After grounding ourselves in these principles, we then need to examine the juristic evidence about the specific issue closely, which is somewhat outside the scope of what we do in this column.  However, let us tackle the case of music to illustrate this idea. 

Here, you will find a spectrum of opinions. 

To begin with, there is little debate that singing is halal as long as the lyrics are not inappropriate and do not encourage that which is haram.  Quoting from Sheik Al Qaradawi’s book,
“Among the entertainments which may comfort the soul, please the heart, and refresh the ear is singing.  Islam permits singing under the condition that it not be in any way obscene or harmful to Islamic morals.” 

Later, he states,
“It is reported that many Companions of the Prophet (may Allah be pleased with them) and second-generation Muslim scholars used to listen to singing and did not see anything wrong with it. As for the ahadith which have been reported against singing, they are all weak and have been shown by researchers to be unsound.” 

Even with this, there will be a spectrum of opinions. 

More conservative scholars, for example, will say that singing is not haram, but music is, and so if it is accompanied by music, it then becomes haram. 

This opinion, for instance, is expressed by the scholar Sheik Uthman al-Khamees. 

Other scholars, like Sheik Tariq al Suwaidan, disagree and do not consider music intrinsically haram.  He states that the hadeeths against music are all weak, except for one, which appears in Sahih al Bukhari, and it is in fact, this hadeeth that the conservative voices usually quote:

From among my followers, there will be some people who will come to consider illegal sexual intercourse, the wearing of silk, the drinking of alcoholic drinks, and the use of musical instruments, as lawful….”  (Sahih al-Bukhari Book 74, Hadith 16)

From this hadeeth, it is then surmised that musical instruments are haram and that the Prophet portended that a time would come when someone in his umma would make the haram into halal. 

However, even though the hadith appears in Sahih al Bukhari, the great medieval scholar Ibn Hazm, for example, did not accept this hadith as sound (technically, he considered it mu’allaq, but we will not get into such technical issues here). 

Sheik al Suwaidan, moreover, considers that the prohibitions in this hadith are of two types: general, such as illicit sex, and conditional, such as silk, which is certainly halal for women. 

He believes that music falls into the conditional category and becomes haram when combined with the other harams – e.g., debauched evenings of “wine, women, and song,” as the saying goes.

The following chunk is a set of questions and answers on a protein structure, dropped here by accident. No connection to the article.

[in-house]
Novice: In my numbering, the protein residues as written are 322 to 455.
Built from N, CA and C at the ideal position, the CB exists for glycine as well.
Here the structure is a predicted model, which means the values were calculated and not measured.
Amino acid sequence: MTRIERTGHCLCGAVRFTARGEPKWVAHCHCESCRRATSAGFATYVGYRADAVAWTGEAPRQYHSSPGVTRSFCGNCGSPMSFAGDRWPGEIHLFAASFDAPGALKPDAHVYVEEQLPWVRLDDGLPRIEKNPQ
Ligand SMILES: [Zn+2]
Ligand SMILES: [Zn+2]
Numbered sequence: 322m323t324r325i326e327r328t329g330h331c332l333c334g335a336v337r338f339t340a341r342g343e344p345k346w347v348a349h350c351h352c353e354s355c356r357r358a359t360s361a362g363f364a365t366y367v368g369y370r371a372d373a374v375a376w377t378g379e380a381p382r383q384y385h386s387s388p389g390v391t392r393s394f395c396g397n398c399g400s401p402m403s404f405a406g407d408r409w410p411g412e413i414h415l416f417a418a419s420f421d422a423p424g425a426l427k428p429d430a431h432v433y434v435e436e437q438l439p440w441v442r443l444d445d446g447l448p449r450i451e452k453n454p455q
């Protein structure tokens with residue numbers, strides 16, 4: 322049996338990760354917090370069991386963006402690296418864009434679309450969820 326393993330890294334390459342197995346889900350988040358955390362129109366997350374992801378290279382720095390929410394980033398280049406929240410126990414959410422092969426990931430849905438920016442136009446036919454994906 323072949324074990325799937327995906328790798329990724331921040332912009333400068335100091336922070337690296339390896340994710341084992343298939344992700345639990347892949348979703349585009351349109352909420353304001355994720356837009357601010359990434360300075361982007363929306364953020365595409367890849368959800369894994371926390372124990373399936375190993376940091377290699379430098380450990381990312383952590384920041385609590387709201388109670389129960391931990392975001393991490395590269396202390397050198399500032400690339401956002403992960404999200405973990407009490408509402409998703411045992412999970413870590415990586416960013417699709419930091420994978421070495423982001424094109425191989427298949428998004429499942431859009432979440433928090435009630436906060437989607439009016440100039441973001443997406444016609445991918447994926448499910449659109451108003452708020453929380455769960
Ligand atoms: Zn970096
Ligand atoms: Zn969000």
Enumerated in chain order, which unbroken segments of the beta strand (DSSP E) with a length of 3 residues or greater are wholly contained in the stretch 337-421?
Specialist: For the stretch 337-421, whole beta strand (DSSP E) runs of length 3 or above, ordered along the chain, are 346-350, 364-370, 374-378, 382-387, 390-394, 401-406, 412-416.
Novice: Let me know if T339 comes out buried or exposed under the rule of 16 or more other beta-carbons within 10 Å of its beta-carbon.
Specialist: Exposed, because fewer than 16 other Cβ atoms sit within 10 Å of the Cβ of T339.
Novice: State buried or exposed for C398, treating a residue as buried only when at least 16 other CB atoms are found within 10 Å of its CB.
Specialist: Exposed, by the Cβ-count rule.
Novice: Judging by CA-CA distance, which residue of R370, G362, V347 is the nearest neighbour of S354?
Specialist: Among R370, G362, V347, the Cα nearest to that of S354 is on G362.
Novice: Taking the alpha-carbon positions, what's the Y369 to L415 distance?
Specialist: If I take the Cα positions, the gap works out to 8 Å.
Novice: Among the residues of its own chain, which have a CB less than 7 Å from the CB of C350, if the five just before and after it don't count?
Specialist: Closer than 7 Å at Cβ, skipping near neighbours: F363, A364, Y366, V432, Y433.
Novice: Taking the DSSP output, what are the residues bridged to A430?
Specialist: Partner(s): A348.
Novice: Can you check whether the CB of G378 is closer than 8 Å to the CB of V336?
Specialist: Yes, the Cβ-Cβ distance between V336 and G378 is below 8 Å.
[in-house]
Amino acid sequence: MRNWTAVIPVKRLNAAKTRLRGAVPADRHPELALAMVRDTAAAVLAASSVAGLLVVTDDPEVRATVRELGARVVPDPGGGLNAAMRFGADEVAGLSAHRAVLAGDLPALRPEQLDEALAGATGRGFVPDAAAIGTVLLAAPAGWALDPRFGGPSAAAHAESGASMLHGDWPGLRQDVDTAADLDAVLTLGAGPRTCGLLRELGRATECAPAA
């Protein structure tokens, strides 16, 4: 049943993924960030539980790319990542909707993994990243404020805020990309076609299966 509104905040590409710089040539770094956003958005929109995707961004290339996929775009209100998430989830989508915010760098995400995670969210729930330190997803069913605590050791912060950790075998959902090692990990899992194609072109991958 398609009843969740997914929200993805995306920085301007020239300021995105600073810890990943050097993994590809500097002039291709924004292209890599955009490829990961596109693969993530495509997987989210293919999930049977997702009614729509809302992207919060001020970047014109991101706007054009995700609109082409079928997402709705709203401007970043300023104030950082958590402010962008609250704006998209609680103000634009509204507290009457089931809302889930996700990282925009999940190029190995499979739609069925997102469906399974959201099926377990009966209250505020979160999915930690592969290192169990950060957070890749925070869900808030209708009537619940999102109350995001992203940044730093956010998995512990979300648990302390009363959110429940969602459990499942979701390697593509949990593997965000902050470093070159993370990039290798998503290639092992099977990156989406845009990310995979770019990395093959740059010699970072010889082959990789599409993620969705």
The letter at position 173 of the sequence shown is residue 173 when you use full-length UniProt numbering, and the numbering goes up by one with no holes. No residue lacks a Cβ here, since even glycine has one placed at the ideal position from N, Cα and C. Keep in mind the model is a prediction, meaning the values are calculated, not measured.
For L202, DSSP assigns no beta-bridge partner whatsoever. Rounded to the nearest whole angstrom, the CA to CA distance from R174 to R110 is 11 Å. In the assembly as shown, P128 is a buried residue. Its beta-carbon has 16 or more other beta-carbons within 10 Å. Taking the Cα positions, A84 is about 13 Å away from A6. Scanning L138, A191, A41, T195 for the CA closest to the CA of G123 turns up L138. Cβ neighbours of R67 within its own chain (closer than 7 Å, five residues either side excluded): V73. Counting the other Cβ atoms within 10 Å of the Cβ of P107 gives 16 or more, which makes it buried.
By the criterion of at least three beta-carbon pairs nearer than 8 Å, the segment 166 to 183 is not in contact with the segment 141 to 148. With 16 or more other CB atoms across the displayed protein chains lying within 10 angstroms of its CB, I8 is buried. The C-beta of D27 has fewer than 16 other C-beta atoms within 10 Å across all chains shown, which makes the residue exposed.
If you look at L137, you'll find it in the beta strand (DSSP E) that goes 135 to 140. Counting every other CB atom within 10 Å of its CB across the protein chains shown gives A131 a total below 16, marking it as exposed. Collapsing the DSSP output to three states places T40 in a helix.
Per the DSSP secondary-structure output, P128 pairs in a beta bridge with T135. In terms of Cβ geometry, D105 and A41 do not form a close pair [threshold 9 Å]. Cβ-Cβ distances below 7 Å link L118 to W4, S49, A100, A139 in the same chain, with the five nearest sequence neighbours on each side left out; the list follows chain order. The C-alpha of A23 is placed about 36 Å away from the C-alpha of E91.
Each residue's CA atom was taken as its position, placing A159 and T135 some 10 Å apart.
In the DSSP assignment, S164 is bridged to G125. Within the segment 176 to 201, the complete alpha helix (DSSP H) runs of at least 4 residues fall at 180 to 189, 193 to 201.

We delved into these details to show that quoting a hadith often isn’t sufficient to settle a matter, as some people pretend. 

Once again, that doesn’t mean that sound hadith can be refused based on people’s whims and desires, but rather that there is an analytical methodology to dealing with them, and often a range of scholarly opinions when this methodology is applied by scholars who are fit to do this. 

Sheik Yusuf al Qaradawi, after making it clear that singing is not prohibited, states, “There is no harm in its being accompanied by music which is not exciting.”

Therefore, our opinion, and God knows best, is: enjoy good music! 

Regarding art, the same applies – art not meant to glorify individuals, or to create statues to be worshipped, or to compete with God’s capacity as the Creator can be beautiful and can be a glorification of the One who has created beauty in this world, and giving humans the capacity to appreciate it and try to reflect it. 

Given the above background, there are various opinions regarding statues as differentiated from art on canvas, but we’ll leave that to you to explore. 

Regarding dancing with your wife, the Prophet PBUH is reported to have watched the Abyssinians perform in his mosque (probably playing with spears, and possibly also gymnastic dancing, etc), along with his wife Aishah, and encouraged them as they performed.

Personally, we do not feel comfortable dancing in public but view that as a personal choice rather than an issue of halal and haram. 

So, if you and your wife love dancing and feel comfortable doing so in front of other people, dance with your wife to your heart’s content, but obviously avoid lewd and suggestive moves in the dancing – lol, you know what we mean. 

In peace